Johannesburg — A MOBILE payment cyber security specialist has lifted the lid on the business model underpinning the mobile fraud that cost the African continent over US$4 billion (R59,68 billion) last year.
According to Evina, the France-based firm, mobile payment fraud is characterised by illegal transactions conducted at e-commerce stores and completed by cybercriminals who commonly use malware to deprive the unknowing victim of funds via mobile wallets or direct carrier billing (DCB).
The company disclosed there were typically four steps followed by global organised crime when it comes to making money from defrauding cellular users.
The fraudulent customer journey begins when the mobile user downloads what resembles a legitimate app.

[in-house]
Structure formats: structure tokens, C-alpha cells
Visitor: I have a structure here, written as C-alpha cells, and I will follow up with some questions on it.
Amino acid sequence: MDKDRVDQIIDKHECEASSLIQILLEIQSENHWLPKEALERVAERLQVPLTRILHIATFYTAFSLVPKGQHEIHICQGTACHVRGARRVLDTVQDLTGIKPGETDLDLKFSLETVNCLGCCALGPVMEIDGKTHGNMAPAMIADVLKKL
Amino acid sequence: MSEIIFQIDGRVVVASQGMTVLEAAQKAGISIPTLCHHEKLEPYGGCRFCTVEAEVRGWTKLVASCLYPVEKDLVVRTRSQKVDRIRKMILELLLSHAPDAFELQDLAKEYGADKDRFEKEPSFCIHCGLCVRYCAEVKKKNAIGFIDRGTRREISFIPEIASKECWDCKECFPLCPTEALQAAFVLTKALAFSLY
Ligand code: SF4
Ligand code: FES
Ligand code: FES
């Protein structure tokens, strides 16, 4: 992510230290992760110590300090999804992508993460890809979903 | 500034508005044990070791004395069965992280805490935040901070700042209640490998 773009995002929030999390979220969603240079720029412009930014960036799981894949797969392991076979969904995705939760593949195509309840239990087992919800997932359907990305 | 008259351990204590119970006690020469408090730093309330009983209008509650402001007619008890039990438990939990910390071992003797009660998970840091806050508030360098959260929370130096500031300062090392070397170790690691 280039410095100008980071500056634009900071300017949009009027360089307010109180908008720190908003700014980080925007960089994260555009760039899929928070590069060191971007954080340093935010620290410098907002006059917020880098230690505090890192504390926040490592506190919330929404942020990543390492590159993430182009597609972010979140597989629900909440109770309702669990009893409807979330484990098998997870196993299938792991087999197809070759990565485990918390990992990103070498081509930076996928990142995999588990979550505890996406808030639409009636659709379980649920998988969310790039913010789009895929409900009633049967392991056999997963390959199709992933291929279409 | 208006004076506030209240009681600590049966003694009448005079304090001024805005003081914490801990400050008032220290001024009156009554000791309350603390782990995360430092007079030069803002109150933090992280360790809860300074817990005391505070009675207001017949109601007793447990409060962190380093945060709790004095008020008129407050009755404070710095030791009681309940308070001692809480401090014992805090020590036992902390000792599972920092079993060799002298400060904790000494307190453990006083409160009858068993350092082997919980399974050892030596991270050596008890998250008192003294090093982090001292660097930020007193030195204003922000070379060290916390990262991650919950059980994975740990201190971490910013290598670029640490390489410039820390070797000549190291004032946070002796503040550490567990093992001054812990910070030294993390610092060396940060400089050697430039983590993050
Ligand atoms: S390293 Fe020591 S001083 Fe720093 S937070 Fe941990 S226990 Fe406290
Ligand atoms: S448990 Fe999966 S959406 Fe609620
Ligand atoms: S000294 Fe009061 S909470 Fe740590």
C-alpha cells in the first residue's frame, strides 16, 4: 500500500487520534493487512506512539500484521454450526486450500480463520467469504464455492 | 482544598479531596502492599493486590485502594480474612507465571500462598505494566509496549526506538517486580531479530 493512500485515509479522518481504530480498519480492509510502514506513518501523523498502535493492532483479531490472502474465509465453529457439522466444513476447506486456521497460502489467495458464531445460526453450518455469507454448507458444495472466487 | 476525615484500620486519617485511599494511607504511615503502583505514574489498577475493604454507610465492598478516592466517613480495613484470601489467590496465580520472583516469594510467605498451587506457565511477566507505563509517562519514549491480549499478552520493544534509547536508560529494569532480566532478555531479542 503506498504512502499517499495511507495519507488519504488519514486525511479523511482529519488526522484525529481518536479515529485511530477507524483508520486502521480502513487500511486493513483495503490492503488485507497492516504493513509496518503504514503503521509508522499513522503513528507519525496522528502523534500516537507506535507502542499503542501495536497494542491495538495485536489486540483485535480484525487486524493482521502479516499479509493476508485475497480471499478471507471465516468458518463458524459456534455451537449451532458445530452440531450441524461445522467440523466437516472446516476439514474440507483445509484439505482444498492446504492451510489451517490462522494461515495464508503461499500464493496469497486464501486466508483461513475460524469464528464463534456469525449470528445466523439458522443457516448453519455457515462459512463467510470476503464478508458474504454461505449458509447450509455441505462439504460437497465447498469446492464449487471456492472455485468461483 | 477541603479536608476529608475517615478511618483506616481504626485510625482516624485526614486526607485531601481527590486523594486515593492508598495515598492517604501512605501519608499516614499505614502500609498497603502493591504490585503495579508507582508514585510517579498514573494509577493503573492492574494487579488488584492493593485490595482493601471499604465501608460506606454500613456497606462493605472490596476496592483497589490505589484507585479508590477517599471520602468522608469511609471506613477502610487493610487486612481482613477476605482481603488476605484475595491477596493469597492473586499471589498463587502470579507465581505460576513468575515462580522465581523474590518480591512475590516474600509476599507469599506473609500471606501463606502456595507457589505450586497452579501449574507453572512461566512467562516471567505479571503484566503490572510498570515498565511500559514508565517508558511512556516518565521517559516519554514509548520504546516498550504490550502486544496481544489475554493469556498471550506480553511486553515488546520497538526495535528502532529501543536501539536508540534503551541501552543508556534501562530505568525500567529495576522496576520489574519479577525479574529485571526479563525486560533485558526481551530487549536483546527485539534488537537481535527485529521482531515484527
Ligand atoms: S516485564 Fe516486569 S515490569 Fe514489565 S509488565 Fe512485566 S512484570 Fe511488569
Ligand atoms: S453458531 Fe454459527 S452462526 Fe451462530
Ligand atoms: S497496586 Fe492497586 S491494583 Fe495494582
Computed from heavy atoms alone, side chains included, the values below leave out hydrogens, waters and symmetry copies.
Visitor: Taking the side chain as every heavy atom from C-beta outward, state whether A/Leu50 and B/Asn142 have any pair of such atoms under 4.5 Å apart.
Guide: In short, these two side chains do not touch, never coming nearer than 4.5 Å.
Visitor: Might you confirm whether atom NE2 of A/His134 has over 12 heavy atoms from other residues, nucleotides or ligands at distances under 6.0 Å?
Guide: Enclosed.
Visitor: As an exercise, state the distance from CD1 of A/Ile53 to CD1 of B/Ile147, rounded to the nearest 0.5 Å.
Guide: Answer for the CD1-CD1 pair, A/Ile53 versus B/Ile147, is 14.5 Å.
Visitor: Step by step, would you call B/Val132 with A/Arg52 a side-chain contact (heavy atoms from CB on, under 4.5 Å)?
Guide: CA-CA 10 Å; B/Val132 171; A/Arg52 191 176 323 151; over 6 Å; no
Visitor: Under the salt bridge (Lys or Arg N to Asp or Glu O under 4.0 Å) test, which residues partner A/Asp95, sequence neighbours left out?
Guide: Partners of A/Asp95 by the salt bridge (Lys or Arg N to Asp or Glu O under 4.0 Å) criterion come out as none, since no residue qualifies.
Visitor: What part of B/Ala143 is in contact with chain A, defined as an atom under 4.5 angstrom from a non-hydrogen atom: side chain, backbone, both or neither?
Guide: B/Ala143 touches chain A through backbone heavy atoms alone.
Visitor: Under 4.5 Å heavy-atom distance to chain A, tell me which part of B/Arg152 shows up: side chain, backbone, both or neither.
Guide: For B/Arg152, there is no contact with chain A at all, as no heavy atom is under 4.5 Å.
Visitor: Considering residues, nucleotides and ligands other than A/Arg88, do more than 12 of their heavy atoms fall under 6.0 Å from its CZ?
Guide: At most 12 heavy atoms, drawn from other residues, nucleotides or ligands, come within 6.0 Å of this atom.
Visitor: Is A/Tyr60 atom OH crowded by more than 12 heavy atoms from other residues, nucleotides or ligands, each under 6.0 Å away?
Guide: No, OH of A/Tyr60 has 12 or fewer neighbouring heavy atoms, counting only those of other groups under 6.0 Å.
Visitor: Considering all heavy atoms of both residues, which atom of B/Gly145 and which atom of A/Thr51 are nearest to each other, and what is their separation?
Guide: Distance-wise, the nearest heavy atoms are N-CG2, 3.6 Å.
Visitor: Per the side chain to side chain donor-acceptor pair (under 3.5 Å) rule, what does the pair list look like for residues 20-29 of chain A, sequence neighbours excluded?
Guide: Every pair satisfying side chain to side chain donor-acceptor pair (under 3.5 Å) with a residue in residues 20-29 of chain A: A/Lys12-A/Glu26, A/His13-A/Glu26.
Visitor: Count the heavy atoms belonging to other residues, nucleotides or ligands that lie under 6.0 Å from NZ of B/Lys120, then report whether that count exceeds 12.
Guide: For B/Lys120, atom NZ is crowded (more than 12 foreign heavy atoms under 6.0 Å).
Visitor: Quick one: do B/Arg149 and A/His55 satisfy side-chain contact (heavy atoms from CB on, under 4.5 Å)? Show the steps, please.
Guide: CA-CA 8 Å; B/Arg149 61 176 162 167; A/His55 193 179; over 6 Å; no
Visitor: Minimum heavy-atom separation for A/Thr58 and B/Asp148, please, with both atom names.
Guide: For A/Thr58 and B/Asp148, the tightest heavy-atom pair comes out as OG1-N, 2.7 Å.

Fraudsters conceal malware in several common categories of apps such as wallpaper, flashlight and fitness tracker applications.
The malware takes control of the user's device.
Step two comprises complete control over the user's device, when the fraudster is able to surreptitiously provide consent to any number of checks.
A fraudulent publisher's website is soon visited to click on an advert for a real product. The advertiser is unaware of the fraudulent click.
On the third step, the ad redirects the fraudster to a real merchant's website where a product or service is purchased with the user's money, but without the user's explicit.
Lastly, the fraudster completes the purchase transaction by sending the user's money through a payment gateway.
David Lotfi, Chief Executive Officer of Evina, said mobile transactions had surged in response to the coronavirus (COVID-19) and its associated lockdowns.
"Mobile fraud attempts, too, have grown exponentially, which makes it an even greater priority for MNOs, merchants and payment gateways to protect their business growth and users by partnering with the right mobile anti-fraud specialists."
The Paris-headquartered Evina has operations in 15 African countries, the Middle East and Europe.